Nutrition and Calorie Tips

I don’t have time to track my calories….

I don’t have time to track my calories…. 🍏

People are desperate to lose fat/weight but often say they just don’t have time to track what they eat. Now whilst it’s perfectly possible to lose weight without tracking calories, there’s no denying that accurately tracking them is an extremely effective way to do it. And in addition is gives you an excellent foundation of knowledge for maintaining any results you achieve.

I completely understand that it can be really stressful trying to balance work, social life, childcare or caring for other family members etc and perhaps even more so right now with home schooling/home working, but I am not sure the excuse of “no time” always rings true.

On average, in 2020, people in the UK spent 2hrs and 24 mins a day scrolling social media/messaging etc, 1hr 11 mins watching TV and 1 hr 21 mins online shopping. That’s an average of nearly 5 hrs a day! Now whilst you may claim you don’t spend anywhere close to that amount of time doing those things I bet you spend more than 30 mins on these activities (or similar ones)? Studies have shown that tracking your food; whether it be in an app or physically writing it down, takes no more than 30 mins a day. That includes weighing portions, barcode scanning items that are pre-packaged and then actually entering it into the app/writing it down and adding it up.

You don’t have to devote your life to tracking food, but if you can’t spare a few minutes to think about what’s on your plate before you eat it, you won’t make changes to what you eat and drink to reduce calories. In short – it won’t work. You have to make a change.

If you’re telling yourself you’re too busy or don’t have time to put any attention on your diet, then you’re right – you don’t – but that’s not because you don’t want to, it’s because it’s not enough of a priority right now. Once it becomes a big enough priority you’ll find you do in fact have time. Don’t kid yourself into thinking you’re too busy to track or that it’s a bigger job than it really is, and maybe reconsider the time you spend on other activities that are perhaps not as important for you?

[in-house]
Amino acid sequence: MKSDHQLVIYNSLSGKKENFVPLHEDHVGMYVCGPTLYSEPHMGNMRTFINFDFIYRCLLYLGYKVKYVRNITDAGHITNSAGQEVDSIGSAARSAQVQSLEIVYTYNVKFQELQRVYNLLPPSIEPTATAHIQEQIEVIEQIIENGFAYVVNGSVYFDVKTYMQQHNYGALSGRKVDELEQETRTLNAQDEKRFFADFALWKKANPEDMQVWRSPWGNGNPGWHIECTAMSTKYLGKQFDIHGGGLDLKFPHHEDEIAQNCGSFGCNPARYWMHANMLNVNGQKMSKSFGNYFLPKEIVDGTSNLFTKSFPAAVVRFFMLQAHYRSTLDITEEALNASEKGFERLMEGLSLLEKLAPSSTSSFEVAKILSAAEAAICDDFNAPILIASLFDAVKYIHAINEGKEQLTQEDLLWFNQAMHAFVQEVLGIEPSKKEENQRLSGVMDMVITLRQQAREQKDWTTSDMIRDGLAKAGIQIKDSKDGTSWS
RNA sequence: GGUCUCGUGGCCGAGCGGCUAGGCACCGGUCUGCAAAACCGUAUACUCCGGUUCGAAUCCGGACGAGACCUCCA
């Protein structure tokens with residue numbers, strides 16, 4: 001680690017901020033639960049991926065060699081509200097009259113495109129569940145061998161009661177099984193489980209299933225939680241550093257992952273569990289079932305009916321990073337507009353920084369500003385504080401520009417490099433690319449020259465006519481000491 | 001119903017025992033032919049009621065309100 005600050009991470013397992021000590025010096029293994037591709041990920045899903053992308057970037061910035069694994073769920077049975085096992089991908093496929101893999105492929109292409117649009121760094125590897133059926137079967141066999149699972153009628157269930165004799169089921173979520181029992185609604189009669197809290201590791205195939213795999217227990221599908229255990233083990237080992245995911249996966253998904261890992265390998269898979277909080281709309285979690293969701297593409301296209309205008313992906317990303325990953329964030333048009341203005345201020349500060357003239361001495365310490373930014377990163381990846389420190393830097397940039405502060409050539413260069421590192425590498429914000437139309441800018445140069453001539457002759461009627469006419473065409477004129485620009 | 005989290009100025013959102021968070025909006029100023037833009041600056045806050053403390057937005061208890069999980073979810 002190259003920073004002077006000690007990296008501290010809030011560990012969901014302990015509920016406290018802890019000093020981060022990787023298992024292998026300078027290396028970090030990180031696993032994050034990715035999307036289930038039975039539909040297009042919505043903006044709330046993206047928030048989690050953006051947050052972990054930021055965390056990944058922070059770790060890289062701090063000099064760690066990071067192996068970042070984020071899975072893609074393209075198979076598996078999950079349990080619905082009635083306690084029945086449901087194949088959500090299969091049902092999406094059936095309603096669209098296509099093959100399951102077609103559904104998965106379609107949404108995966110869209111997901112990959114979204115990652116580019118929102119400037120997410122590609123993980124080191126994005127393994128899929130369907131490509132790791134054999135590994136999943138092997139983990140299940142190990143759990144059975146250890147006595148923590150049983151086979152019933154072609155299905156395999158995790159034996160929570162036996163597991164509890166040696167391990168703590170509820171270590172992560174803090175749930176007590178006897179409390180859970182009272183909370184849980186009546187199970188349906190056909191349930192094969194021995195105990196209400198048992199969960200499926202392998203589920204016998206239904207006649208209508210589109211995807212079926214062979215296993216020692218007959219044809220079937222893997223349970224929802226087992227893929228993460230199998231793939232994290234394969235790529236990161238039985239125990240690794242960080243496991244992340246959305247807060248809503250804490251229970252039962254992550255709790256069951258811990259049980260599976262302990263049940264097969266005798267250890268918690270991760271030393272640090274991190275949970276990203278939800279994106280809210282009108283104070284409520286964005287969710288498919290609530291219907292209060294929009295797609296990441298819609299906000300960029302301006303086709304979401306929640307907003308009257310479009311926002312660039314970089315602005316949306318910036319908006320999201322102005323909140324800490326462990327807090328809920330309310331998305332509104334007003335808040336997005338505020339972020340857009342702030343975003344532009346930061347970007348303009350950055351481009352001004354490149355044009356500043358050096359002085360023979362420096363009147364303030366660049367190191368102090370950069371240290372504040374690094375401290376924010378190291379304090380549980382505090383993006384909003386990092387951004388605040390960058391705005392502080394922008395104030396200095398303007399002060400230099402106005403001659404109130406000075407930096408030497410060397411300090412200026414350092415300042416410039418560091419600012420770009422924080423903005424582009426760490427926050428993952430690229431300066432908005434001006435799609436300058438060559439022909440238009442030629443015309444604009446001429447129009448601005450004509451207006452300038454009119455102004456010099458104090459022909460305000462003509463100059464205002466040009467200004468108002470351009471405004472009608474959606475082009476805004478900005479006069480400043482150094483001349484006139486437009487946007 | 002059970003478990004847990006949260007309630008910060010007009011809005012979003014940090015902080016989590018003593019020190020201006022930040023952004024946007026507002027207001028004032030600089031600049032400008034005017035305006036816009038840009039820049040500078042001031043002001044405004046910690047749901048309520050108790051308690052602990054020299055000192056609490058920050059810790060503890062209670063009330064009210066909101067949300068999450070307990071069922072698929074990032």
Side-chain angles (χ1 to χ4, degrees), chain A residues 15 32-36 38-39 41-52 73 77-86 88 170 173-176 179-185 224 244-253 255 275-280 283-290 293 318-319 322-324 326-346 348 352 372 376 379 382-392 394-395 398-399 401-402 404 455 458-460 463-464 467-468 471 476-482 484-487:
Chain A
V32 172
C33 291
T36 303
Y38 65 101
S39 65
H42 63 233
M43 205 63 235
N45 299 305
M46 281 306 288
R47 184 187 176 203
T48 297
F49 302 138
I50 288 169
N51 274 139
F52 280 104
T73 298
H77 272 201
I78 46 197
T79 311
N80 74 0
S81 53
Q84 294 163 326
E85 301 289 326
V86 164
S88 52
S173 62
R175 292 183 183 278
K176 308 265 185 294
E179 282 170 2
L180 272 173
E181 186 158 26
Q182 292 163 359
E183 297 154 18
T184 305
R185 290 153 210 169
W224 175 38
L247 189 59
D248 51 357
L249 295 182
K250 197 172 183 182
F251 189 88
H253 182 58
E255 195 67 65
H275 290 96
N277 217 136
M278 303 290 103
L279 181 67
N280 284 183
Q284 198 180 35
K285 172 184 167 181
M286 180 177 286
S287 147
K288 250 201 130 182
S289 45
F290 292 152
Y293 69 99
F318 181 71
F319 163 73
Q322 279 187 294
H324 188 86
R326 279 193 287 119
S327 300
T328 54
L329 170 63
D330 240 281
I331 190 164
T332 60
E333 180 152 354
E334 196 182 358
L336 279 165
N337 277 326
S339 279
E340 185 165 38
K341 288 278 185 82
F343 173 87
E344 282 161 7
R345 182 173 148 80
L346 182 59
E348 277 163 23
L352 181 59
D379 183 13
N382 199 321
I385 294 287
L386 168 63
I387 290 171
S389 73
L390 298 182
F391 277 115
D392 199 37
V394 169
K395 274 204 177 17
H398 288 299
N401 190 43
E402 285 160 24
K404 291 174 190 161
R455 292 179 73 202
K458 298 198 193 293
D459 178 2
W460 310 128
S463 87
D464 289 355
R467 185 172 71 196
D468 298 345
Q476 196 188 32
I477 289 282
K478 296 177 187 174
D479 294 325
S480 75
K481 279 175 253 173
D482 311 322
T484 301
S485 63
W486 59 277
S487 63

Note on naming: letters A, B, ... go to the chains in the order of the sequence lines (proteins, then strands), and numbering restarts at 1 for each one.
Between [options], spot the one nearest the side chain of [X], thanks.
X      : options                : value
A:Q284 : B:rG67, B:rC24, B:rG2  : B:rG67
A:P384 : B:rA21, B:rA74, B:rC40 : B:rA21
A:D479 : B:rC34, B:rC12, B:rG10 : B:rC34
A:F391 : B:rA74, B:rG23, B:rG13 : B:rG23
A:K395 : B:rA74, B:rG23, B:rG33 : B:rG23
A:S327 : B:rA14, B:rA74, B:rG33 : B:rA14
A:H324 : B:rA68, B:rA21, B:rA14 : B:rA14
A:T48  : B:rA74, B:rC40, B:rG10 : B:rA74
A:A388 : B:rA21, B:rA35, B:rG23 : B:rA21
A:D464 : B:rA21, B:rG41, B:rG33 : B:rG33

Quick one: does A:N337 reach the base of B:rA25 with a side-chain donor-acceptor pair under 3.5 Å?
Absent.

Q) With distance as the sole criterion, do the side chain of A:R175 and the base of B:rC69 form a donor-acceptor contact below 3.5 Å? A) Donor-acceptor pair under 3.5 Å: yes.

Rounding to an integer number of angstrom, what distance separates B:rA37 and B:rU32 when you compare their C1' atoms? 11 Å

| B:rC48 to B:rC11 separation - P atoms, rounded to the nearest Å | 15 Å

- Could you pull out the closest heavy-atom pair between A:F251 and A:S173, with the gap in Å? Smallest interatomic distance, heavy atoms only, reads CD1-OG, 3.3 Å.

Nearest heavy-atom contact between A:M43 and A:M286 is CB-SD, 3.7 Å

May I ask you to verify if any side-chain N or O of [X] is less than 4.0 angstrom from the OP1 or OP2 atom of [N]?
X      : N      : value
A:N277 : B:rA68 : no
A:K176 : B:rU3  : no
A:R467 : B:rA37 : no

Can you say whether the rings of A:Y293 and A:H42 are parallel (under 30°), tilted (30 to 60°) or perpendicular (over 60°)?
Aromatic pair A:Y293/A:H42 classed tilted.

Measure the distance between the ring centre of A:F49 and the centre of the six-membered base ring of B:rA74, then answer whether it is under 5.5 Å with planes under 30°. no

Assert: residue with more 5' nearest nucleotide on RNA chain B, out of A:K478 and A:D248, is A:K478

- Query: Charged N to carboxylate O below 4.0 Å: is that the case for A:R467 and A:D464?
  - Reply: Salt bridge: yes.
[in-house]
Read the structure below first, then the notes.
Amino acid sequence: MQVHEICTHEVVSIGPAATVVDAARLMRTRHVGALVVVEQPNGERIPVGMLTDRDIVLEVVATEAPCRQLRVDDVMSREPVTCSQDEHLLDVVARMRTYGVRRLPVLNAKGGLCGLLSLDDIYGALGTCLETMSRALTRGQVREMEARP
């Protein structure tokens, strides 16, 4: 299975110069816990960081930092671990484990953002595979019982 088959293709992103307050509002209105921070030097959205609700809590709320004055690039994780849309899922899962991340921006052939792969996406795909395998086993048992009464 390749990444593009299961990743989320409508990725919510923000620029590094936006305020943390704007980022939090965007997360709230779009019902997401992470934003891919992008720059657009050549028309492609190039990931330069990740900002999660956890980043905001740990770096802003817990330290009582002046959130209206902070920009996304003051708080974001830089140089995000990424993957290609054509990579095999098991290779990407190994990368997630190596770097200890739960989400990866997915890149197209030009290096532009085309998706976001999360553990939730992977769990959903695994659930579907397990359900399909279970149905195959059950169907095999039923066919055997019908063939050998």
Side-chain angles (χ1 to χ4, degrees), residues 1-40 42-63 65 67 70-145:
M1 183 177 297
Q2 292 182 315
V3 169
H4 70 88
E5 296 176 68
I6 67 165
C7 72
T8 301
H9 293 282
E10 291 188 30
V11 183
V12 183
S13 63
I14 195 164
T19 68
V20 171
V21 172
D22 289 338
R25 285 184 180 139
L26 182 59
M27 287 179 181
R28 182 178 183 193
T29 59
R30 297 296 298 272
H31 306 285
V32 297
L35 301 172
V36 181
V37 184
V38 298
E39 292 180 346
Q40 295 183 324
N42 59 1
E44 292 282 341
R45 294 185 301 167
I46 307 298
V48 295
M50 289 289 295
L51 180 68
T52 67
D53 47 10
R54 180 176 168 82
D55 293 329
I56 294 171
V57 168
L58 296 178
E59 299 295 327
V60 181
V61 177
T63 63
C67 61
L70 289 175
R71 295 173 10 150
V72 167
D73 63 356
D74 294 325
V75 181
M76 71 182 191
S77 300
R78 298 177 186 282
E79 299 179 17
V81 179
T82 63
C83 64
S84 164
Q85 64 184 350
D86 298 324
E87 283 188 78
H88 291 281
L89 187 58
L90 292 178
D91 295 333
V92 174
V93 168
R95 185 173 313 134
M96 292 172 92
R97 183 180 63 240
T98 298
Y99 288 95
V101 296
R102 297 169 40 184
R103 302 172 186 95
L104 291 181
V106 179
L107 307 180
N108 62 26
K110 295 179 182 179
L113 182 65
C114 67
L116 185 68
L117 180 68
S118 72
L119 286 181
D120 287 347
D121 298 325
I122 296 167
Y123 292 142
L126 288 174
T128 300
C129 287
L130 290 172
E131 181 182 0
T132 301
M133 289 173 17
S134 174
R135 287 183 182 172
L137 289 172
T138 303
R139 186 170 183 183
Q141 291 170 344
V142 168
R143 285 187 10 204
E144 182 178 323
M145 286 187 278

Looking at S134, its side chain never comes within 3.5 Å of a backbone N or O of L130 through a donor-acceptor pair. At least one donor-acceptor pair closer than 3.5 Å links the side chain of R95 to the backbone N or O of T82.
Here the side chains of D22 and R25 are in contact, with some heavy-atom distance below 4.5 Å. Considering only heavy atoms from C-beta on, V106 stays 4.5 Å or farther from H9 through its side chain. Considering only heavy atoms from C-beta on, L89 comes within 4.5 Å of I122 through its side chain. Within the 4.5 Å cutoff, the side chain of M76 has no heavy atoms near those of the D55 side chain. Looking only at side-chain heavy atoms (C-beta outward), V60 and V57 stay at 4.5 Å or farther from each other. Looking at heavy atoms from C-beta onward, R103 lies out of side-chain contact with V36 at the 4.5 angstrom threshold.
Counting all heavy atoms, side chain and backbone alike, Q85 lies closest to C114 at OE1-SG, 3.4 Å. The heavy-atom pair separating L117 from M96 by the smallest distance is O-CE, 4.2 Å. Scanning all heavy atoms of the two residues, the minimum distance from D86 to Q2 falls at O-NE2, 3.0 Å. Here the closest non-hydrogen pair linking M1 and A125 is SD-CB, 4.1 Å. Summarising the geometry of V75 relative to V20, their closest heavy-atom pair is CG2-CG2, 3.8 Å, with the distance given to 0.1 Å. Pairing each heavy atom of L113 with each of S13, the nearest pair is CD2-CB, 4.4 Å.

Enjoy 🤗


Tuesday Tip

Tuesday Tip: Understanding Metabolism

Tuesday Tip: Understanding Metabolism 🤓

Despite what you might think most of your daily calorie burn doesn’t come from exercise. It’s driven by your metabolism (converting food cals to energy) which determines the number of cals you need to maintain your weight.

Your calorie burn consists of:

#1 60-70% Basal metabolic rate; the cals you need at rest, to survive; breathing, digesting, filtering waste, nothing more. It varies with body size (bigger = higher bmr), composition (more muscle = higher bmr), age (younger = higher bmr), genetics, hormones (thyroid hormones) and health (ill = higher bmr).

#2 10% is from food thermogenesis (digesting food). Protein requires the most to digest. 0-3 percent of fat cals are used to digest it, 5-10 % for carbs and 20-30 % for protein. But as food thermogenesis only accounts for 10% of daily burn, eating more protein will only have a small effect on your metabolic rate.